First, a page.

Mesopotamia - The Cradle of Civilization

Research Projects for Mrs. Desler's 6th Grade History Class

In the development of civilizations, Mesopotamia is known for its "firsts": first writing system, first wheels, first sail boats, first city-states, first written laws. The ancient inhabitants of this area between the Tigris and Euphrates Rivers have left us many clues about their contributions to civilization as well as their everyday lives.

Your task is to research and recreate an aspect of their life and times. Choose a topic from the list below and begin the research cycle:

  1. Write a letter to the editor of the Babylonian Times in response to one of Hammurabi's laws. In the letter, clearly state the code number you wish to discuss, your opinion of the code, and why you feel the way you do. If you disagree with the code, you should offer suggestions for Hammurabi to consider. Generally, it is recommended that one signs a letter to the editor. However, when dealing with Hammurabi, that may not always be advisable. He may add code 283 to his list which could possibly be aimed at disrespectful citizens who disagree with his divinely inspired judgments. (Adapted from P. Martin's Hammurabi Teacher Page)
  2. Create a display on the development of writing. Make sure your display is labeled.
  3. Construct a model of what a typical Sumerian house might have looked like. Leave one wall open so we can have an inside. On a 5" by 7" index card, discuss the architectural style.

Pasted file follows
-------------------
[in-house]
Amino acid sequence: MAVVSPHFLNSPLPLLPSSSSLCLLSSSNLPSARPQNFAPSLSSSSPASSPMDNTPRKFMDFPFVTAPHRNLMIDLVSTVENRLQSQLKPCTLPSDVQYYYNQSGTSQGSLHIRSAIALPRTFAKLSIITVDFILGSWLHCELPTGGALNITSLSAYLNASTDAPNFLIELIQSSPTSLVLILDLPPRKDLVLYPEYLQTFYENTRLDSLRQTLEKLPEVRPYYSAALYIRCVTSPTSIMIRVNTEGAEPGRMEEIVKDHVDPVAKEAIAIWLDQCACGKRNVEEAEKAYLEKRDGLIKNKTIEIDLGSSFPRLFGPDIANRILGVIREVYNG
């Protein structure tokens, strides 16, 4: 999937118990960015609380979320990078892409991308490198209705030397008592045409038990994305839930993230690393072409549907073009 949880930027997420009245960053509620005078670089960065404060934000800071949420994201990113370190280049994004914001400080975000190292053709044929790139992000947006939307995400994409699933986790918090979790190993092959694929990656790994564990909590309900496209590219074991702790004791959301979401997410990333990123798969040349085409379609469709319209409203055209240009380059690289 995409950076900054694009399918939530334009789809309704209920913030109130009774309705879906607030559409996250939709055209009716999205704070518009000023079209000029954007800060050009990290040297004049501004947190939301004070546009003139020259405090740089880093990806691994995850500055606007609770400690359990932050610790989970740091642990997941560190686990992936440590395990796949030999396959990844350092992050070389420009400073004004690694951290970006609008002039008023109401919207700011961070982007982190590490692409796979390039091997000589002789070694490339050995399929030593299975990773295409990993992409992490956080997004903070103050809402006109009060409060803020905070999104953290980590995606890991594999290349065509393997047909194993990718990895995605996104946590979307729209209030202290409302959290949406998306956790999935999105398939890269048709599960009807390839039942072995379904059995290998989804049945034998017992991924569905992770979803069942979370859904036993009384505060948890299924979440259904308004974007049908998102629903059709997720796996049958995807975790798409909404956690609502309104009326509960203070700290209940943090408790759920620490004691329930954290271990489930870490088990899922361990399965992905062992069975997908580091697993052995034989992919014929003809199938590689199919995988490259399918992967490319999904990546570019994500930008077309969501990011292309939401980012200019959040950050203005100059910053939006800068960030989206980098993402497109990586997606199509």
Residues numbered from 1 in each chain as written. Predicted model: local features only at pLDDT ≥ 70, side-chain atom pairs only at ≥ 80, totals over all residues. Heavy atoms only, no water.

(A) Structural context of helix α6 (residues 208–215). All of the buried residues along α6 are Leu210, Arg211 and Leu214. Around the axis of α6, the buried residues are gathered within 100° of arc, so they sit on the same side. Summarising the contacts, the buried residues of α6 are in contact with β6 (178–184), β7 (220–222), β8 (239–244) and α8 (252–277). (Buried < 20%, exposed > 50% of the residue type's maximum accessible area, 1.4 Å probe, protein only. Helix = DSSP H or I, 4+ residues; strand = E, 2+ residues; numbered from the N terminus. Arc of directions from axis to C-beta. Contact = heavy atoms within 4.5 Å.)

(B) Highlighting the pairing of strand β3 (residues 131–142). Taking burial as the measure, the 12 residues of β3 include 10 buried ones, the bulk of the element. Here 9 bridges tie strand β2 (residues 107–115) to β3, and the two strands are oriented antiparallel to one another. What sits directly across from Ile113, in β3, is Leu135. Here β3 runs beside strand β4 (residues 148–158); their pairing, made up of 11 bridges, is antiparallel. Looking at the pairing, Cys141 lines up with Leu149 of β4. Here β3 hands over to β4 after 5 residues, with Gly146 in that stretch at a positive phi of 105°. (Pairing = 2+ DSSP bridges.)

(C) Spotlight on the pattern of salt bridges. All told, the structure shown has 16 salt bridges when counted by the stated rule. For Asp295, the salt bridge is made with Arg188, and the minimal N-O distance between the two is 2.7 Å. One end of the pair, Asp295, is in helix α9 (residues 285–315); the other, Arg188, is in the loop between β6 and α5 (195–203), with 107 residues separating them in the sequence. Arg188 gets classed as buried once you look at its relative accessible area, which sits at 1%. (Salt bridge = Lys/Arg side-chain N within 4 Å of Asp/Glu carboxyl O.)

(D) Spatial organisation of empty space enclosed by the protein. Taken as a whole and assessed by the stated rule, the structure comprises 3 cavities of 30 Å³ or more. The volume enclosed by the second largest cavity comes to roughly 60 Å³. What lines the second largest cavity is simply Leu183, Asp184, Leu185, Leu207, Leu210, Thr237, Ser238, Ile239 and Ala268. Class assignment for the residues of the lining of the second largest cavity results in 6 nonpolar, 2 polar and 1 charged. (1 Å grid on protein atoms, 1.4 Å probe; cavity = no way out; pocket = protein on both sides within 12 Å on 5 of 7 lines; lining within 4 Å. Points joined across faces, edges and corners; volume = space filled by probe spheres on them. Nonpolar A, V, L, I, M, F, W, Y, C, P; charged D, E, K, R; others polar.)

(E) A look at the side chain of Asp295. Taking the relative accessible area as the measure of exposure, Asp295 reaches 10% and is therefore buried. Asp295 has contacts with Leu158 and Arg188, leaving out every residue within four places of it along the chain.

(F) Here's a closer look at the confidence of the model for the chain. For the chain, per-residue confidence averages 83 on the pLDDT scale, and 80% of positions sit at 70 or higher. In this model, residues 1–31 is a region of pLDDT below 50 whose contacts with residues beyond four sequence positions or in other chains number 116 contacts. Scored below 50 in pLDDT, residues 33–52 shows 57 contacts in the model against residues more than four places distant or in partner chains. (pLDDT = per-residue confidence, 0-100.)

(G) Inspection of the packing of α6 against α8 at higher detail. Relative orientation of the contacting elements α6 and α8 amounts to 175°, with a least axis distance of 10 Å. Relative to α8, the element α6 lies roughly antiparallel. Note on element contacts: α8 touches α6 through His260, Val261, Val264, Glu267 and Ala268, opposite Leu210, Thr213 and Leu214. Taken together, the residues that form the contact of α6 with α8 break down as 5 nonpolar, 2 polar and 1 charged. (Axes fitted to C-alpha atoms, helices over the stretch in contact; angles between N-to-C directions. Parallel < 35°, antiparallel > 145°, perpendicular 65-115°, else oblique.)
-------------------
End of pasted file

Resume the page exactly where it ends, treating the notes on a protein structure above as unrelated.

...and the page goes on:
4. Create your own standard, in the style of Ur. Your standard should reflect your family, school, and home town. Use paints, colored pencils, bits of colored paper, etc., to simulate mosaics.
  5. Create a model of a Sumerian irrigation system.
  6. Make a model of Babylon or Ur.
  7. Make a detailed, labeled chart of inventions from Mesopotamia.
  8. Make an alphabet book of Mesopotamia. Mrs. Desler has a separate handout for this task.
  9. Create a detailed, illustrated brochure for a scribe school. Include daily life activities and accommodations so potential students would know how to prepare for their educational experience.
  10. Research the foods that were available to the Mesopotamians. Prepare some samples to bring to class. You may work by yourself or with a partner. Extra credit for appropriate Mesopotamian meal-time music!
  11. Create a picture book/story book to explain the roles of men and women in Mesopotamia. Go to A Question of Status for directions. You may team up with another classmate for this project.

 

Evaluation
Your grade will be based on our 4-Point History Social Studies Rubric. Use of class research time will also count!

Useful Sources
Start with our History textbook; scan the books from Mrs. Desler's Mesopotamia library (note: these books are for classroom use only); explore CD ROMs; then move on to Internet sites. Some useful sites are:

The SCORE web site. Always a great starting point for research! From the 6th grade page, click on Mesopotamia: http://score.rims.k12.ca.us/grade6/index.html

University of Pennsylvania Museum: http://www.upenn.edu/museum/Collections/royaltombs.html

Galleries of Ancient Art: http://www.dia.org/galleries/ancient/mesopotamia/mesopotamia.html

Timelines of the Ancient World: http://www.dc.infi.net/~gunther/tl001.html

University of Chicago Museum: http://www-oi.uchicago.edu/OI/MUS/HIGH/OI_Museum_Mesopotamia.html

Emory University Museum: http://www.emory.edu/CARLOS/n.east.html

Women in Mesopotamia: http://home.earthlink.net/~womenwhist/lesson2.html

A Compilation of Mesopotamia Sites: http://www.mic.ki.se/Mesop.html

Hammurabi's Code of Law: http://www.pitt.edu/~novosel/hammurab.html

 

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